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Recreation Opportunities 
at Organ Mountains-Desert Peaks National Monument

Visitor Center

The Dripping Springs Visitor Center offers interpretive displays of the Organ Mountains. It is located ten miles east of Interstate 25. In Las Cruces, take Exit 1 and drive east to the end of the road.  A fee of $5 is charged per vehicle. The Visitor Center is open all year, except winter holidays, from 8:00 A.M. to 5:00 p.m. Phone: 575-522-1219.

Recreational Opportunities

Camping | Climbing | Historic Site | Geologic Points of Interest | Horseback Riding | Mountain Biking | Off-Highway Vehicles | Picnicking | Trails


Camping - Developed

The Aguirre Spring Campground is located on the east side of the Organ Mountains. The Campground is the only high-country campground in the Las Cruces/El Paso/Juarez region. It is a popular and busy picnic site on weekends and holidays, and includes 57 family sites and two group sites. 

The Aquirre Spring Campground is open year-round. 

  • From April to October, the entrance gate is open from 8:00 a.m. until 7:00 p.m. 
  • From October to April, it is open from 8:00 a.m. until 5:00 p.m. 
  • Non-campers must leave the area by 10:00 p.m. year-round

Aquirre Spring Campground Fees

  • Day use is $5 per vehicle and $15 per bus. 
  • Camping fees are $7 per campsite. 
  • Group sites are $50, and reservations are required. 

Camping - Primitive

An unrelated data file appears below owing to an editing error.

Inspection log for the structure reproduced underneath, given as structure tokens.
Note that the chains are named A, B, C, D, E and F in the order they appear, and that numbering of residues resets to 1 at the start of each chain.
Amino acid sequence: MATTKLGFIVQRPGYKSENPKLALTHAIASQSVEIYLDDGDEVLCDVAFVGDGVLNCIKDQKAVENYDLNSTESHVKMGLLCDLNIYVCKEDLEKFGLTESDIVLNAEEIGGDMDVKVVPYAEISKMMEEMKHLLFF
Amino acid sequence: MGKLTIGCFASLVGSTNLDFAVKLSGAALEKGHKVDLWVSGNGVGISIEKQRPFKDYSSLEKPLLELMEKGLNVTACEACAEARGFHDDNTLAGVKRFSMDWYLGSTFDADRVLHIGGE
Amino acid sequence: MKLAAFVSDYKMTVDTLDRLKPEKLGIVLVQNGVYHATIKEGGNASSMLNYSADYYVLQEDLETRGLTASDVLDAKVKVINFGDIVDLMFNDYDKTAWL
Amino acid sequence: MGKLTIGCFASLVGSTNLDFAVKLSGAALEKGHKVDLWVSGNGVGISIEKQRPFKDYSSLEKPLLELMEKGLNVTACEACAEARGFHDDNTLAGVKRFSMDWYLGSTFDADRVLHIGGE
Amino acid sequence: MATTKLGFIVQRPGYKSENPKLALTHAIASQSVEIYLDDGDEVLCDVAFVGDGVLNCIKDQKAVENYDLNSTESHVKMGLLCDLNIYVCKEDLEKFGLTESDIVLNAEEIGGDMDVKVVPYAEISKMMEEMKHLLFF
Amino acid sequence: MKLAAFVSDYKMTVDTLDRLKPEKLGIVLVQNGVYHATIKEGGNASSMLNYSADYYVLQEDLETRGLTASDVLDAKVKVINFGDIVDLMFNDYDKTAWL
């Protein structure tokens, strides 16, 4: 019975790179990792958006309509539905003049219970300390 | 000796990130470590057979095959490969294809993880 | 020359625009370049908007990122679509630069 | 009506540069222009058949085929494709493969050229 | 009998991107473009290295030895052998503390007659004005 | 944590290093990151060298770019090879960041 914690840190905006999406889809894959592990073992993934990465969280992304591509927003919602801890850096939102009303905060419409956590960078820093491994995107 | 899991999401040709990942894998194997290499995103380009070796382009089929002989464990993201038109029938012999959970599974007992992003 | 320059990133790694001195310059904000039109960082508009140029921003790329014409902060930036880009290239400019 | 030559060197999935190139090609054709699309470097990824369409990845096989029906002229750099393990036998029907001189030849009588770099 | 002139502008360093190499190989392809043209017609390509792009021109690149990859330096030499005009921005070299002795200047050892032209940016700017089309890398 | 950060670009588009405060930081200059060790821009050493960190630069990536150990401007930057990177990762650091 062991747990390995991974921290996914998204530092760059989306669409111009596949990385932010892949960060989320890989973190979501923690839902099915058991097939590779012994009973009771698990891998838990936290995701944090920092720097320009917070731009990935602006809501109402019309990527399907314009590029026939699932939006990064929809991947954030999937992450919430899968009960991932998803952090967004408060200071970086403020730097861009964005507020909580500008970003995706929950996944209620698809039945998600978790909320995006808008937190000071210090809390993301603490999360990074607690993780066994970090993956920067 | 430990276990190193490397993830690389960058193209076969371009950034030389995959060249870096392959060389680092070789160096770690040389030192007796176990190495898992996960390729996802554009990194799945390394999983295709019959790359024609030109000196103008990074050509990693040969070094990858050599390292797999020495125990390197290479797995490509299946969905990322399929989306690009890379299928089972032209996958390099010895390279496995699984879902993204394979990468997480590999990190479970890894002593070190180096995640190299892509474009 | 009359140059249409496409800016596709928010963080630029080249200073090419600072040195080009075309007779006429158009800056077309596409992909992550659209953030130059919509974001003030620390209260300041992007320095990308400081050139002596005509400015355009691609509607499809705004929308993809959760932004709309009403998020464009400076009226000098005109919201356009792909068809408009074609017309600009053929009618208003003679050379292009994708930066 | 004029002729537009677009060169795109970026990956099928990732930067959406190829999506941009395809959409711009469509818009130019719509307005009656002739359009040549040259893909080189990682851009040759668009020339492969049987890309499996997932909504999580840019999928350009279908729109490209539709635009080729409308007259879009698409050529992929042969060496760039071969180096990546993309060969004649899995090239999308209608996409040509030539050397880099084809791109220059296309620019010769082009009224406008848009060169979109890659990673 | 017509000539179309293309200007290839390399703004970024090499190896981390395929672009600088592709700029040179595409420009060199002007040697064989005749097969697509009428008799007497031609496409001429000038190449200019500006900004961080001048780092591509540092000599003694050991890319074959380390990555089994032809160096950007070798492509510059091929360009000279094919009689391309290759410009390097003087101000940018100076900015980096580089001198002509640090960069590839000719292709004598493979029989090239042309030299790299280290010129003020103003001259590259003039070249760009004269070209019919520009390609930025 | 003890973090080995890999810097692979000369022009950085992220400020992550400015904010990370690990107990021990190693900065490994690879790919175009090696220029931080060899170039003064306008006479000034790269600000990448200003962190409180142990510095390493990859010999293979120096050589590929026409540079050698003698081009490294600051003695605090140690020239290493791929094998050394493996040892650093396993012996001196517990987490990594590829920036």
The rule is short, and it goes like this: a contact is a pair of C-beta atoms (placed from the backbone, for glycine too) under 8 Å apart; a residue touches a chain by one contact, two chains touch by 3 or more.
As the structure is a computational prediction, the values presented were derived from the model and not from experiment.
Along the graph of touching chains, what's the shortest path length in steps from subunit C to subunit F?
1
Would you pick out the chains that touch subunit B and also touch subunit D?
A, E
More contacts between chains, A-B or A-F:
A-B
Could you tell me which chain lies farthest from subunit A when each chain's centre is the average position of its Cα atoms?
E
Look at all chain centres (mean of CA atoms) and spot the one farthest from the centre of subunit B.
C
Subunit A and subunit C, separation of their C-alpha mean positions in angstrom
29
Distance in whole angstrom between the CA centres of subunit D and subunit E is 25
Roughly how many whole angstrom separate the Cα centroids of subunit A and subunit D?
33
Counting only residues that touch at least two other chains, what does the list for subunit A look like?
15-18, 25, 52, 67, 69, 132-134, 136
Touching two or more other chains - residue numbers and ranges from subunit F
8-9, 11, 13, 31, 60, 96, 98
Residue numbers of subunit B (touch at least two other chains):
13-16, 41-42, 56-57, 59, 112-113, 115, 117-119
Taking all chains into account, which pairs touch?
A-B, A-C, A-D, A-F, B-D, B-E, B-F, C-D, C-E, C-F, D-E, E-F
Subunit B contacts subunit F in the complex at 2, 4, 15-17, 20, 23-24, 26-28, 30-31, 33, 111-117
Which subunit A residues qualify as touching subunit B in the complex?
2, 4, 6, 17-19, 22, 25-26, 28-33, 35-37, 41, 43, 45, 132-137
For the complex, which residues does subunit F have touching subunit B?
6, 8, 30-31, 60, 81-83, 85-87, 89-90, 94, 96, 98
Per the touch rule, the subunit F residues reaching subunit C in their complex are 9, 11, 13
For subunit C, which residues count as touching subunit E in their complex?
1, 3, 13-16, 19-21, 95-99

Camping in the vast areas of Desert Peaks and Potrillo Mountains is primitive and does not require a permit or fee.


Numerous climbing routes are present on the many rock pinnacles of the Organ Mountains. These routes are privately described in guide books and other publications. Because the Organ Mountains are a Wilderness Study Area, the placement of fixed anchors is prohibited. 

Historical Sites

Historical SitesLa Cueva rock shelter is an archeological site located at the foot of the Organ Mountains outside Las Cruces, New Mexico. The shelter was occupied from almost 5,000 BC through the historic period that followed the arrival of the Europeans. In the mid-1970s, approximately 100,000 artifacts were recovered here by the University of Texas at El Paso. During the 18th and 19th Centuries, the rock shelter was probably known to the roving bands of Apaches who frequented the area. Then, in the 1860s, the cave was reportedly home to one of the more eccentric figures of New Mexico's history, Giovanni Maria Agotini, known to local folks as "El Ermitano," the Hermit. The cave can be reached by a moderately challenging trail less than a half mile from a picnic area. Restrooms and drinking water are available at La Cueva Picnic Area. There is a $5 day use fee.

Dripping Springs Resort was originally built by Colonel Eugene Van Patten in the 1870s.  In 1917, Van Patten went bankrupt and Drippings Springs was sold to Nathan Boyd, who homesteaded on a parcel of land adjacent to the Resort.  Boyd converted Dripping Springs into a sanatorium.  The Boyd family eventually sold the property to Dr. Sexton, a Las Cruces physician, who continued to operate it as a sanatorium.  Today, the ruins of Dripping Springs Resort lie scattered along the canyon, preserving the memory of Colonel Van Patten, the doctors Boyd and Sexton, and the many famous and not so famous who visited there!

Geologic Points of Interest

Scenic GeologyA remnant of an ancient volcanic explosion, Kilbourne Hole was designated as a National Natural Landmark in 1975. This crater can be found in a desert basin between the Potrillo Mountains and the Río Grande in southern Doña Ana County. Kilbourne Hole is roughly elliptical in shape, and is known as a Maar — a pit or depression caused by a volcanic explosion with little material emitted except volcanic gas. The crater is between 24,000 and 100,000 years old, and measures 1.7 miles long by well over a mile across, and is hundreds of feet deep. There are no restrooms or drinking water.